Abstract: This paper investigates the relationship between corporate culture and market orientation using a different methodology to those usually found done in empirical studies on this topic. Conventionally, one or two key informants provide information on the firm’s marketing practices in large scale quantitative cross-sectional studies; these few respondents provide their opinion on the firm’s actual marketing practices which are then considered as a reliable representation of both the (whole) firm’s culture and its market orientation. We have taken a different approach. Firstly, we chose to do multiple case studies in stead of cross sectional research. These case studies were small scale and qualitative; next a large(r) scale quantitative study was done within those organisations. Secondly, all employees in an organisation were invited to participate in the study: only then is it possible to measure culture as the shared beliefs in the company. Corporate culture itself as well as the marketing practices have been investigated as two separate constructs in our case studies. Both are measured via employee perceptions. Thirdly, we are looking at the possible configuration of market orientation and corporate culture. Almost all of the propositions generated are supported. The degree of openness appeared to be crucial to an organisation’s market orientation. Moreover, such a culture is also resultsoriented, employee-oriented and professional. It also has a balanced position on the two other dimensions: pragmatic/normative and loose/tight control. From the marketing perspective, the essential building blocks of a market oriented culture include: the internal cooperation, internal communication, drive to be the best, lack of pursuing self interest, learning from mistakes and from experiences in the market place, clarity about customer needs and better relative quality than competitors’. Because market orientation and corporate culture were measured as two distinct constructs, this study offers new insights in both domains as to what organisations should change to be(come) market oriented.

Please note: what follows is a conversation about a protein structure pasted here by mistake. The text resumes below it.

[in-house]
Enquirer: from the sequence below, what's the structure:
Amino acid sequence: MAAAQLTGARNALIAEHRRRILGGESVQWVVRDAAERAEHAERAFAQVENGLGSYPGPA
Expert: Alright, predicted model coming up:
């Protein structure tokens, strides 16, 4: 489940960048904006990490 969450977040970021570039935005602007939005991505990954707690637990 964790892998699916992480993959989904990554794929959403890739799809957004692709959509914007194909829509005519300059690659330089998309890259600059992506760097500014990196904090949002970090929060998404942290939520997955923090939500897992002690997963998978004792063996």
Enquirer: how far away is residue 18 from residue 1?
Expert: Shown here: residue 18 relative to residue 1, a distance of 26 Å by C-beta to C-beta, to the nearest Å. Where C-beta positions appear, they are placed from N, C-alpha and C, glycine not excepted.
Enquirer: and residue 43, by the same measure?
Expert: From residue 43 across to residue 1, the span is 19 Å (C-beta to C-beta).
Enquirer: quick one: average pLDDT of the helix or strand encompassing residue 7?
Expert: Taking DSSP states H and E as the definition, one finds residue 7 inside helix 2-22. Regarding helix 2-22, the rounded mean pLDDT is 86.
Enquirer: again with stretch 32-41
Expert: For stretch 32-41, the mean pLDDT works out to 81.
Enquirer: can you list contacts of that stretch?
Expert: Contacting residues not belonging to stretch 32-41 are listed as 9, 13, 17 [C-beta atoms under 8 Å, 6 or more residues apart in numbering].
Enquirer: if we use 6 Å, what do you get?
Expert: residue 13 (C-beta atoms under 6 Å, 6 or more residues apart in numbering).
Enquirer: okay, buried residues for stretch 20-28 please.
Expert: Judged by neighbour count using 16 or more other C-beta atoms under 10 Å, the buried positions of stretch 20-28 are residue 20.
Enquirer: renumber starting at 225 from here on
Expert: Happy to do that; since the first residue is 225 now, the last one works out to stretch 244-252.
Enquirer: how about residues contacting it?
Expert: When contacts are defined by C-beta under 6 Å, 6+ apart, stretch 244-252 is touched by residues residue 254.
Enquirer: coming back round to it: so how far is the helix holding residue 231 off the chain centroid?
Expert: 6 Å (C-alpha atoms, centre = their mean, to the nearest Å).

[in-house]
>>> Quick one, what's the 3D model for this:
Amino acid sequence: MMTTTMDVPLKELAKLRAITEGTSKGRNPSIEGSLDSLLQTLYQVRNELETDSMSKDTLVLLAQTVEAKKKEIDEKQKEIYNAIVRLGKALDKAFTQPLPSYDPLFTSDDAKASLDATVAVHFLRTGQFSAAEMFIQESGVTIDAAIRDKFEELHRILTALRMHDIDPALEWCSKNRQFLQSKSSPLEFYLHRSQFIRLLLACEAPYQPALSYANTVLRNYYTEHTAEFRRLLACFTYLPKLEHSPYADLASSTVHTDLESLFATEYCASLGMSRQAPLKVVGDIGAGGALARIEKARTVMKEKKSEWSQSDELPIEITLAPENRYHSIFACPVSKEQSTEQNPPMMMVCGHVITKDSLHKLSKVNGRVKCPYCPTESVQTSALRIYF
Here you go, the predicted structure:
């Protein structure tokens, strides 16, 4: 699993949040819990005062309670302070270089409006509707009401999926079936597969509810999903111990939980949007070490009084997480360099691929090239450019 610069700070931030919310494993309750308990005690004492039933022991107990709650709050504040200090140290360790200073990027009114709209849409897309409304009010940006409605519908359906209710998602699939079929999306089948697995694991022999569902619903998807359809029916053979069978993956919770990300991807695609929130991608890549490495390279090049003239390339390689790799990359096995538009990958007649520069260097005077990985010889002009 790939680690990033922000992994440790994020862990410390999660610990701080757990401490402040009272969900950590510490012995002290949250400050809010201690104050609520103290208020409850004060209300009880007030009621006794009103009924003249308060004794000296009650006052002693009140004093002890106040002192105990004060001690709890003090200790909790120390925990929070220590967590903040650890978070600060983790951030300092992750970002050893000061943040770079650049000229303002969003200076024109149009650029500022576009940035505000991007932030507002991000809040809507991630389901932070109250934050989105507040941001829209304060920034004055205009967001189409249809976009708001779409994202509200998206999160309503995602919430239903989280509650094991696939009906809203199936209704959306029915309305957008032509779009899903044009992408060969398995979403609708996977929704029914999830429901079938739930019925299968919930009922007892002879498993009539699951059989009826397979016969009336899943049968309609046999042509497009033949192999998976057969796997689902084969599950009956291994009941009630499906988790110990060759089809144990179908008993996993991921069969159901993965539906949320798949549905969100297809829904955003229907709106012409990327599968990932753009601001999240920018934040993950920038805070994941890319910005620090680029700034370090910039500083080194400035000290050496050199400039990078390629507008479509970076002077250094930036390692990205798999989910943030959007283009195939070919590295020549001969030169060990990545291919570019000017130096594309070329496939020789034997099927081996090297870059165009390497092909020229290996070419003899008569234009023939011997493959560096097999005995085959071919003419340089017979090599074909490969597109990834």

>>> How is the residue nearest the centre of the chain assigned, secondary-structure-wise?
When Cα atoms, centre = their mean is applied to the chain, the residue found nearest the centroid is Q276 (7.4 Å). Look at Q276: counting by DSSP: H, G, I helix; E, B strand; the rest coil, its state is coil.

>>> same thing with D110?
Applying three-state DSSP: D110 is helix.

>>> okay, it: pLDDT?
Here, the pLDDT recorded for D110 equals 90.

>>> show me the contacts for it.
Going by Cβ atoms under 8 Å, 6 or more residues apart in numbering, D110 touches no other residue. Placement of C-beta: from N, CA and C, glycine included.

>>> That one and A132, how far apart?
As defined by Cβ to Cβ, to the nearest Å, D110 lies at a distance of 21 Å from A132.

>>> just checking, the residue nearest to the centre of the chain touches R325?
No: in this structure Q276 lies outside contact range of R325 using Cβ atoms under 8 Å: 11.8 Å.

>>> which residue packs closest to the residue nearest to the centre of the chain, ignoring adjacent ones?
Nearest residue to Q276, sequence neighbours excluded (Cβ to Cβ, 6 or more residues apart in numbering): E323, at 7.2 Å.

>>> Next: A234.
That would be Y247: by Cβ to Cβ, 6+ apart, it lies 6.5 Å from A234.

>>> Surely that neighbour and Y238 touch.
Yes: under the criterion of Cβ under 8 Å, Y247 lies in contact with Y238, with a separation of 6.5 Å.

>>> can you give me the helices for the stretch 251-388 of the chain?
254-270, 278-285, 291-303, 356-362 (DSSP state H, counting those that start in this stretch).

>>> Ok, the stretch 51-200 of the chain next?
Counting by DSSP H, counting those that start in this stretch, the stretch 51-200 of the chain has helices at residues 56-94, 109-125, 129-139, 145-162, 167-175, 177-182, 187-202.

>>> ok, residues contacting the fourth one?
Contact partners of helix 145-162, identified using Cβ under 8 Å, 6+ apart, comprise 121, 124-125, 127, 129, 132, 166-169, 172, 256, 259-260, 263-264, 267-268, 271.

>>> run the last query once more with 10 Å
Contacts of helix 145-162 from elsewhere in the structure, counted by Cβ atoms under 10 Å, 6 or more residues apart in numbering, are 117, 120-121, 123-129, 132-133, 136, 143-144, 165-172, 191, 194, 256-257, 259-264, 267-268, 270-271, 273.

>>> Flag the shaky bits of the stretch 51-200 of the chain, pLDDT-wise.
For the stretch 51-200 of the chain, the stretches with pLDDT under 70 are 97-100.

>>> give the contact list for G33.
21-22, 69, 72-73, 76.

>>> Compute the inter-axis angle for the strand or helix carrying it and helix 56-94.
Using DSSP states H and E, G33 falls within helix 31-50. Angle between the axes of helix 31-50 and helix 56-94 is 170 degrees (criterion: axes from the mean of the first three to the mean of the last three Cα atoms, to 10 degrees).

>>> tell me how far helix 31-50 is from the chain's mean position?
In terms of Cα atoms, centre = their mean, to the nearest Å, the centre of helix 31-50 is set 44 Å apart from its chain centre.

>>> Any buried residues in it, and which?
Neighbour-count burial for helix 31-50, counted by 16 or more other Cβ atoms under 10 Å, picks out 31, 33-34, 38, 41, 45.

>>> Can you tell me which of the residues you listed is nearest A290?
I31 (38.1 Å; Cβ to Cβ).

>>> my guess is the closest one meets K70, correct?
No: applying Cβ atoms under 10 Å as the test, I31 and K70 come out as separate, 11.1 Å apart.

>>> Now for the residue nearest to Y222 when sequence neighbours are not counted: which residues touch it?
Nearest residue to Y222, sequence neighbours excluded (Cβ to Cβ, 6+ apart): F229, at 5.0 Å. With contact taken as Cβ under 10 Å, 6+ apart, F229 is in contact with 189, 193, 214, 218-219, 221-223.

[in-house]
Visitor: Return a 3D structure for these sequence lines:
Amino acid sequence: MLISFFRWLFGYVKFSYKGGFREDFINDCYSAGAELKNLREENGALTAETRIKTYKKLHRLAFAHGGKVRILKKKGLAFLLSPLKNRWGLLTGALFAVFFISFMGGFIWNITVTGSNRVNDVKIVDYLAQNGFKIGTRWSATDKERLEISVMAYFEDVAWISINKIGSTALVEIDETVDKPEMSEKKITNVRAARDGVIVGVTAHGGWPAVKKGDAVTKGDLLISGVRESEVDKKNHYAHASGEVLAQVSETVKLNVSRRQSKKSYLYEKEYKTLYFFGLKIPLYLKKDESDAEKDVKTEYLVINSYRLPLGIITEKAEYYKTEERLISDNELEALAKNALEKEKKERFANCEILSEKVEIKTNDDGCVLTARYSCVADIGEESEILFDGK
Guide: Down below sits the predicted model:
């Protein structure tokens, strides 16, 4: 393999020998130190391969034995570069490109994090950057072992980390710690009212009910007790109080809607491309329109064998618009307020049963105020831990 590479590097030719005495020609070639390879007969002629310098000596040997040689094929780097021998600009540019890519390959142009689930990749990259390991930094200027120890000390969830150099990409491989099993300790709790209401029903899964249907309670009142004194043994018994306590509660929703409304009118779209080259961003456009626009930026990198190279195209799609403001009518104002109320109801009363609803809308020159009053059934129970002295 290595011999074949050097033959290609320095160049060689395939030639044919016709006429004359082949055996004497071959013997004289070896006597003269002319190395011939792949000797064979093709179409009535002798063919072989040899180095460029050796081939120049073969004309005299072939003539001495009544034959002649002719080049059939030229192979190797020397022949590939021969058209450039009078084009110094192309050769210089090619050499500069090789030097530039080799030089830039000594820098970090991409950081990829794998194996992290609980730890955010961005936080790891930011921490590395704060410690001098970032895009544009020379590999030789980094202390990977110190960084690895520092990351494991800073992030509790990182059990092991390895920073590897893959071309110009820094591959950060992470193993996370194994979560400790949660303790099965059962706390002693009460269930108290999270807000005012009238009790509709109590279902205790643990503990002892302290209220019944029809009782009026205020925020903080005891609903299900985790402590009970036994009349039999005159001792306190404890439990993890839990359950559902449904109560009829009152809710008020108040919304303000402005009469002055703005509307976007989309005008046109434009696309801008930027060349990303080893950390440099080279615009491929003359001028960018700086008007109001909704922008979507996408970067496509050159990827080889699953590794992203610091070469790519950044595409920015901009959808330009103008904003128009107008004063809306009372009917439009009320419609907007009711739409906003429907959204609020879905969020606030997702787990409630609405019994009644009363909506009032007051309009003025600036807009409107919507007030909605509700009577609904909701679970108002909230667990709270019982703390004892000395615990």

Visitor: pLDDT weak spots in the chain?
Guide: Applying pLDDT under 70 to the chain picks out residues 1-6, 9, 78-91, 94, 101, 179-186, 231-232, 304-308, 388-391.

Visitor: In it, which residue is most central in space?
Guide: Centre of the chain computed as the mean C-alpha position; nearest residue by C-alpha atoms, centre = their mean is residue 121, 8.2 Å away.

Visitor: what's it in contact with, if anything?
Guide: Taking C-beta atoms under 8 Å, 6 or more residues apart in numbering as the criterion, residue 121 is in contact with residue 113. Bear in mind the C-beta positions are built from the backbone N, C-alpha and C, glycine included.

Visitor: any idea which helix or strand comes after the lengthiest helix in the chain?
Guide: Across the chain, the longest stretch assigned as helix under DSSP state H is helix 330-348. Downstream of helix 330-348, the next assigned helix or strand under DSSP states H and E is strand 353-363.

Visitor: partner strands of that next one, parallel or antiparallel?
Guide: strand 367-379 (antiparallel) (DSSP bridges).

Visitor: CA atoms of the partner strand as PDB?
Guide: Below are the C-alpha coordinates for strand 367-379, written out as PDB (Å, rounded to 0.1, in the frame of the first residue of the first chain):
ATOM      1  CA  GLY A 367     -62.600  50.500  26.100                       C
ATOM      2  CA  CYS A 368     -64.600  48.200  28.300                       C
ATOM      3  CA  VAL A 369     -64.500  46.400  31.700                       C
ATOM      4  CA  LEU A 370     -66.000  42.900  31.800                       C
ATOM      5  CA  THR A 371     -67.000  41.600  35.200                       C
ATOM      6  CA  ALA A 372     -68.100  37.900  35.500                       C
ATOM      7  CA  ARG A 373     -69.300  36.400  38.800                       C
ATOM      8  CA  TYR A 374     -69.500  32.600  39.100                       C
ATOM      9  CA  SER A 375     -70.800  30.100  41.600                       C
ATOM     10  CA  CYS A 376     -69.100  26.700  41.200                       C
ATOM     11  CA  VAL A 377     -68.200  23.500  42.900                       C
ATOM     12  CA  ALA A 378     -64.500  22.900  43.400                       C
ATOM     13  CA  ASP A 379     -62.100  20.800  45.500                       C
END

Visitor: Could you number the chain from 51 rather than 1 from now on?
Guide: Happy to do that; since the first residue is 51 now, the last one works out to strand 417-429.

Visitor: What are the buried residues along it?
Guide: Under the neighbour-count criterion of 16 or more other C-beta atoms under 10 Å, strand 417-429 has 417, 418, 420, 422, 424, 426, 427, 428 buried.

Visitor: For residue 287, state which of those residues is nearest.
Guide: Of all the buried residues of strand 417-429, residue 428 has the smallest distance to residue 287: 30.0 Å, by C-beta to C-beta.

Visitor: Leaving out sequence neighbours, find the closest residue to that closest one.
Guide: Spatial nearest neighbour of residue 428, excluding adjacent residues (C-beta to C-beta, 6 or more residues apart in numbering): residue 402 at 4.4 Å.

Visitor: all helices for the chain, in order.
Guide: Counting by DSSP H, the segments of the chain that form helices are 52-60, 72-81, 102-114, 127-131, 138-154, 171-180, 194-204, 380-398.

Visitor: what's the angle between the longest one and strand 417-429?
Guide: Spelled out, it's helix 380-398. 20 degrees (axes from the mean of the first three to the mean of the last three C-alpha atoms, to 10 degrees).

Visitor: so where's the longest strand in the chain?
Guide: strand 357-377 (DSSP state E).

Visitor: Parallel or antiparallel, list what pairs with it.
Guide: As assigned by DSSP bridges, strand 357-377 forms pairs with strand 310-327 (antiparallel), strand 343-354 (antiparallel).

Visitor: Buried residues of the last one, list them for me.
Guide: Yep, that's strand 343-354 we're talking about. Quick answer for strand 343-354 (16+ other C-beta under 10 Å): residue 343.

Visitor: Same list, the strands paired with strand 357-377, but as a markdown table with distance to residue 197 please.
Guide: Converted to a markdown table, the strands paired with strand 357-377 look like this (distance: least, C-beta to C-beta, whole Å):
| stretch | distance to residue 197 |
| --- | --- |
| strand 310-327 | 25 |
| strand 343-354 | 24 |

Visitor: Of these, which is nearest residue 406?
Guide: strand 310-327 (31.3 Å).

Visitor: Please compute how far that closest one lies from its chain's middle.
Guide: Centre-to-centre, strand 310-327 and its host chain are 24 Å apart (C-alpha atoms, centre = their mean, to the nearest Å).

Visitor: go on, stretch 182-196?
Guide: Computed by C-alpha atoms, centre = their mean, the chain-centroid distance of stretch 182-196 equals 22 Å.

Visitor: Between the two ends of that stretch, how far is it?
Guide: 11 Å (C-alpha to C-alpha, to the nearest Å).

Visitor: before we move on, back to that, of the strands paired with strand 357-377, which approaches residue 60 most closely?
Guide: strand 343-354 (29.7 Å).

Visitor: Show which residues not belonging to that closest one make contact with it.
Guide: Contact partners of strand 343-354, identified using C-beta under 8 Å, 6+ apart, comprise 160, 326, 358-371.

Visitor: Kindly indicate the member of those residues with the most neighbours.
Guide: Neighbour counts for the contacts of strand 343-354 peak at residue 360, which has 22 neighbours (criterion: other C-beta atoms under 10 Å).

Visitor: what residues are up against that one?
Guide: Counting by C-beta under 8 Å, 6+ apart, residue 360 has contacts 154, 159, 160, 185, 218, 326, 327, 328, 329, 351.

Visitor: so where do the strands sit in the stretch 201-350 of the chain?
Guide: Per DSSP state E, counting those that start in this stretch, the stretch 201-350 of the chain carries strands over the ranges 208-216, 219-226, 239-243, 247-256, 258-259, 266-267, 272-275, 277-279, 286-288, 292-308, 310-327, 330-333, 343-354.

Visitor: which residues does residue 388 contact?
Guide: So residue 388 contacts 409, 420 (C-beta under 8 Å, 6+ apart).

Keywords: Strategy;
    Date: 2005
  5. By: Robert E. Goodin; Werner Güth; Duncan Snidal
    Abstract: Hegemony is a central feature of contemporary international politics but it remains seriously under-theorized. We draw on cooperative game theory to represent and analyze different aspects of hegemony. After developing a general conception of hegemony, we analyze the circumstances under which a Hegemon needs assistance from allies, examine when prospective allies have incentives to cooperate with or challenge Hegemon and evaluate the prospects for exploitation by Hegemon. Throughout, we connect the analytic analysis to the existing theories of international hegemony and illustrate the models with real world examples.
    Date: 2005–10
  6. By: Frank G. van Oort; Erik Stam
    Abstract: Although there is growing evidence on the role of agglomeration economies in the formation and growth of firms, both the concepts of agglomeration economies and entrepreneurship tend to be ambiguously defined and measured in the literature. In this study, we aim to improve the conceptualisations and measures of agglomeration economies and entrepreneurship. Indicators of agglomeration economies are analysed in clearly defined urban regimes on three spatial scales in the Netherlands – national zoning, labour market connectedness, and urban size. This is done in order to uncover their effect on two entrepreneurial phases in the firm life cycle - new firm formation and the growth of incumbent firms in the relatively new ICT industry in the Netherlands. In comparison with new firm formation, the growth of incumbent firms is not so much related to spatial clustering of the ICT industry and other localized sources of knowledge economies associated with urban density. Instead, knowledge as an input for growth of incumbent firms is associated with more endogenous (firm internal) learning aspects, reflected by a significant correlate with R&D-investments. Also the effect of local ICT firm competition differs between the two types of firms: a positive effect on new firm formation, but a negative effect on incumbent firm growth. In general, agglomeration economies have stronger effects on the formation of ICT firms than on the growth of ICT firms.
    Keywords: agglomeration economics, spatial externalities, entrepreneurship, location, urban regimes, ICT industry
    JEL: D21 L25 L63 L86 M13 O18 R12 R30
    Date: 2005–03